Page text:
This tomb to one of the most revered of Muslim religious teachers in Gujarat was completed in the late 15th century.
The Mexican Nobel Prize winner Octavio Paz (1914-1998) served as his country's Ambassador to India in the 1960s, and just before he died left behind a memoir of the country, In Light of India (1995) which has a beautiful description of Humayun's
[Original caption] Humayun's Tomb. The first Mogul emperor buried in India, he was contemporary with Henry VIII and died 1565. His widow built the mausoleum and is buried there too.
Actually above Mir Alam Tank, Hyderabad. An unusual postcard, not only because it is a late lithographic one, but also because the focus is on the rocks, lake and vegetation, the boat and tiny figure standing in the foreground.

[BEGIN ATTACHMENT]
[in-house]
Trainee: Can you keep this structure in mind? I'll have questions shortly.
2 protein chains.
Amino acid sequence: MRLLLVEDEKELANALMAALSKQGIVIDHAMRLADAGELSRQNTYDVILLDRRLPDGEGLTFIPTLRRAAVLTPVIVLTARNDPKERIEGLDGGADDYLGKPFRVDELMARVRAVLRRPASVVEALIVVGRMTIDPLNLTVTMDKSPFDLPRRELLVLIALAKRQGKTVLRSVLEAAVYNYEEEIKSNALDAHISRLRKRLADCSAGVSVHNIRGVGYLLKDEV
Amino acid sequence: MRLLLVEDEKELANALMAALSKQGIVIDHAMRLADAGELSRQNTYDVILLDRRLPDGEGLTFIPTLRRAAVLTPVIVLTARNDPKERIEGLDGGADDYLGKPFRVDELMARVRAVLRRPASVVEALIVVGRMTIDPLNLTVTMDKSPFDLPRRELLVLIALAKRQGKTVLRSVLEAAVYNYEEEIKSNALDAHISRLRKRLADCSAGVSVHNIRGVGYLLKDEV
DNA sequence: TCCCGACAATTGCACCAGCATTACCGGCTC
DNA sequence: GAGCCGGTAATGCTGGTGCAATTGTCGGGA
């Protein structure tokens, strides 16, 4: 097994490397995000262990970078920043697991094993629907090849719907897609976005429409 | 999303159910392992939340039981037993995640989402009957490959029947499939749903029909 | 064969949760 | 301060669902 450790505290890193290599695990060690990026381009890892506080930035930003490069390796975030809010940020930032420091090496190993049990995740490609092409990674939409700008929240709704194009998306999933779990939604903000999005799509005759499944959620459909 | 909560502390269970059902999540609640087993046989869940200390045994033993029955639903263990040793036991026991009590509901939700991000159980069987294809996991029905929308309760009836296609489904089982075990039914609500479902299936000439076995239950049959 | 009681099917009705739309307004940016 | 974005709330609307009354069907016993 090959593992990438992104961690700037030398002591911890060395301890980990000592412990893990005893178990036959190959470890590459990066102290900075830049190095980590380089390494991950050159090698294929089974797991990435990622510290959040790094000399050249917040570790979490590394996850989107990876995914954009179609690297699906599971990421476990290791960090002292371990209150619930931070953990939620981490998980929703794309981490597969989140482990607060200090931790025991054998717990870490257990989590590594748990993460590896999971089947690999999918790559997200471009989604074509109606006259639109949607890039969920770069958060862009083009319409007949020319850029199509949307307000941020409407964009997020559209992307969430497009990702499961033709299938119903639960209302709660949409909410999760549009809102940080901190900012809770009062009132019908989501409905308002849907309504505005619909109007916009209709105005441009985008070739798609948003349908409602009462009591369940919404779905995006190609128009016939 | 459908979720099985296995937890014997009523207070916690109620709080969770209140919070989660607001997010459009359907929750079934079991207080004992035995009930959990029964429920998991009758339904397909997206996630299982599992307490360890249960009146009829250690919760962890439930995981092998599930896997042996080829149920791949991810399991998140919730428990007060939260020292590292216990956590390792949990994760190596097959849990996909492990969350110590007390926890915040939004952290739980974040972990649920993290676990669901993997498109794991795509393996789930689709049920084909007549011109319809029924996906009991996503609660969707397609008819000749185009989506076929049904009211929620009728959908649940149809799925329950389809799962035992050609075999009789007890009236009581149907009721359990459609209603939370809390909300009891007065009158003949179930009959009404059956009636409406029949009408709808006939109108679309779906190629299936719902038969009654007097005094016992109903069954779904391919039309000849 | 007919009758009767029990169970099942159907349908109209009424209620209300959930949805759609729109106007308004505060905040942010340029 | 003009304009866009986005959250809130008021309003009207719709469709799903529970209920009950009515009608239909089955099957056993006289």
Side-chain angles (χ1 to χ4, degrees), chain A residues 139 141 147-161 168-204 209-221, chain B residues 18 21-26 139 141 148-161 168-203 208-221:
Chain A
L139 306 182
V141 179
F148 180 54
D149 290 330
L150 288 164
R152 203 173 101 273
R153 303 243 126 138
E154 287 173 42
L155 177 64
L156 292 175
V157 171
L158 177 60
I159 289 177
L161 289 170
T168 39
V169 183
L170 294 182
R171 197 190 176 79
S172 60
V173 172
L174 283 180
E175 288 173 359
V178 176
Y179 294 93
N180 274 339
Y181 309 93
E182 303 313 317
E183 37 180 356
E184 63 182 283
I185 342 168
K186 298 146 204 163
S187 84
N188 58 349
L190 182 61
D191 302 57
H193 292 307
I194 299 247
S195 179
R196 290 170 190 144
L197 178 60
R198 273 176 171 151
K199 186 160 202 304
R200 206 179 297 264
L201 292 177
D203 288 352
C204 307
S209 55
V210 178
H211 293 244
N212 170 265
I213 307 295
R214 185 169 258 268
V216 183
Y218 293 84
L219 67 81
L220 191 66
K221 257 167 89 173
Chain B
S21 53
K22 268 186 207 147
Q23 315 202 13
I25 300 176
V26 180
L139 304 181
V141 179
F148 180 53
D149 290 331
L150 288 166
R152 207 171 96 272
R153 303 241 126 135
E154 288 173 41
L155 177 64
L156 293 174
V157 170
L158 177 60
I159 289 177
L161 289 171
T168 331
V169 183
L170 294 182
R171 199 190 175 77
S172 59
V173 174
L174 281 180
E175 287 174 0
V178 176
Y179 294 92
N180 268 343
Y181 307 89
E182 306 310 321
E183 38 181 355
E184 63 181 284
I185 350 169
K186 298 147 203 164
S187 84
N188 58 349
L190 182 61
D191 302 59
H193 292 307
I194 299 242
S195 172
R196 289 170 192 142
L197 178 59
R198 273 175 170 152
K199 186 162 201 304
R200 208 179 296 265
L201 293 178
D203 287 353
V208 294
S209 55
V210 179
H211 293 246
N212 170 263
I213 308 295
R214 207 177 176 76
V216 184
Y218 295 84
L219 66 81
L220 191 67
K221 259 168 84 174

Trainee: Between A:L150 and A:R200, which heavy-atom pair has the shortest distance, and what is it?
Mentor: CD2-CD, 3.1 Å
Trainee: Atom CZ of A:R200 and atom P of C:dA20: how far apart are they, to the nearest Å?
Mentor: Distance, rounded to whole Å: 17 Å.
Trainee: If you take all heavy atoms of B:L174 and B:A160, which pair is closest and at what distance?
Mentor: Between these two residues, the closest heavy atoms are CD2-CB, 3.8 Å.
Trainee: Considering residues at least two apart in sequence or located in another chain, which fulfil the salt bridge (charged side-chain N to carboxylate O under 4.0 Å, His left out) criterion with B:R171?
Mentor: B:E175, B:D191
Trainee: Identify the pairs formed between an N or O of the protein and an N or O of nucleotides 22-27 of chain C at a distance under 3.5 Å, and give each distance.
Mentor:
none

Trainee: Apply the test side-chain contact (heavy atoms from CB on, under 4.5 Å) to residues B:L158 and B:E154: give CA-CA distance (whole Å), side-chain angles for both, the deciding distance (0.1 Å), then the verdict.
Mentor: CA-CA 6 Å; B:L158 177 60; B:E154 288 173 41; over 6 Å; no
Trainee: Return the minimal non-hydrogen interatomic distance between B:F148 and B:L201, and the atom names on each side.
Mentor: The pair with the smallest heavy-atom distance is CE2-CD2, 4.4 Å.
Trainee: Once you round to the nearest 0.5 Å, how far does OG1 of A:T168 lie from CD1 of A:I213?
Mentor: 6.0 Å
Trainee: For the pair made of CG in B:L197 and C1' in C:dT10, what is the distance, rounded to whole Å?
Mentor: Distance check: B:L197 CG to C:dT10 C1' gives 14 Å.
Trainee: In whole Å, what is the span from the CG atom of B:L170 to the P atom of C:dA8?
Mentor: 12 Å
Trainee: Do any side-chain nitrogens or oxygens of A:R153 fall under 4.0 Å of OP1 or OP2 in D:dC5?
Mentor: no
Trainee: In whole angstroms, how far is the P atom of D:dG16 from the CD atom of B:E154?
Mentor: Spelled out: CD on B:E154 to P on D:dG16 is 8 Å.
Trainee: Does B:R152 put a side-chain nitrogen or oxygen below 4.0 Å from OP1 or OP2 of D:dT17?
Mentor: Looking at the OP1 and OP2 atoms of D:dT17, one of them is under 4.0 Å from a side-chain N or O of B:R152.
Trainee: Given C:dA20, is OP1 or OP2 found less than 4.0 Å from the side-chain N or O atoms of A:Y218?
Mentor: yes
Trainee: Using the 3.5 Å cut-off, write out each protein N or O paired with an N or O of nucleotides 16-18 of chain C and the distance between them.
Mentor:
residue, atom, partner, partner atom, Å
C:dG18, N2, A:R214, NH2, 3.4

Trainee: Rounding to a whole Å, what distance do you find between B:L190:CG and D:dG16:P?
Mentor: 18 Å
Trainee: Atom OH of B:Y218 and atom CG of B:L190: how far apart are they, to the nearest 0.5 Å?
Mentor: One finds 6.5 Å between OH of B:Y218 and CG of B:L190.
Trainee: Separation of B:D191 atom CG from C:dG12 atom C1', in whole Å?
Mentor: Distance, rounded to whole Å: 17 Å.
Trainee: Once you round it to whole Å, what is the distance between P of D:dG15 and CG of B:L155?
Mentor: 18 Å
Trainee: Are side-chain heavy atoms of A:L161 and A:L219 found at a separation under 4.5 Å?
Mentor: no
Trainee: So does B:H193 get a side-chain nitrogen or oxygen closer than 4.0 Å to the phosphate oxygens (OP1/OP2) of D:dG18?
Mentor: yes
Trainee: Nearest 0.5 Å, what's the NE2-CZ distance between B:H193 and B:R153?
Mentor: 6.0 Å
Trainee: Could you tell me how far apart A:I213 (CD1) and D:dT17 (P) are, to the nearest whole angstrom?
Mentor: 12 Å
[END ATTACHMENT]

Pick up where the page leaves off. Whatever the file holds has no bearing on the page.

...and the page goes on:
[Original caption] Entrance to Akbar's Tomb, Agra. The Mausoleum of the Emperor Akbar who reigned 1488-1518 A.D. is some distance from the cantonment at Agra. On the way to it is a sculptured horse to commemorate a favourite of the Emperor.
The low angle of this splendid postcard of the mid-18th century tomb of Nawab Safderjung seems to widen at the bottom and reach towards the viewer. Note the two figures in white, almost invisible against the whitewash of the pedestal.
The Well at Sultan Nizamuddin in Delhi was constructed in 1321 in honor of Shaikh Nizamuddin Auliya (1236-1325) a SUfi saint who arrived in India long before the Mughals and preached a religion of love and mysticism.
An unusual artist-signed postcard of All Saints Church in Coonoor, established in 1854. Very finely done, it is among the limited examples British amateur artist trying their hand at something often self-published on a postcard.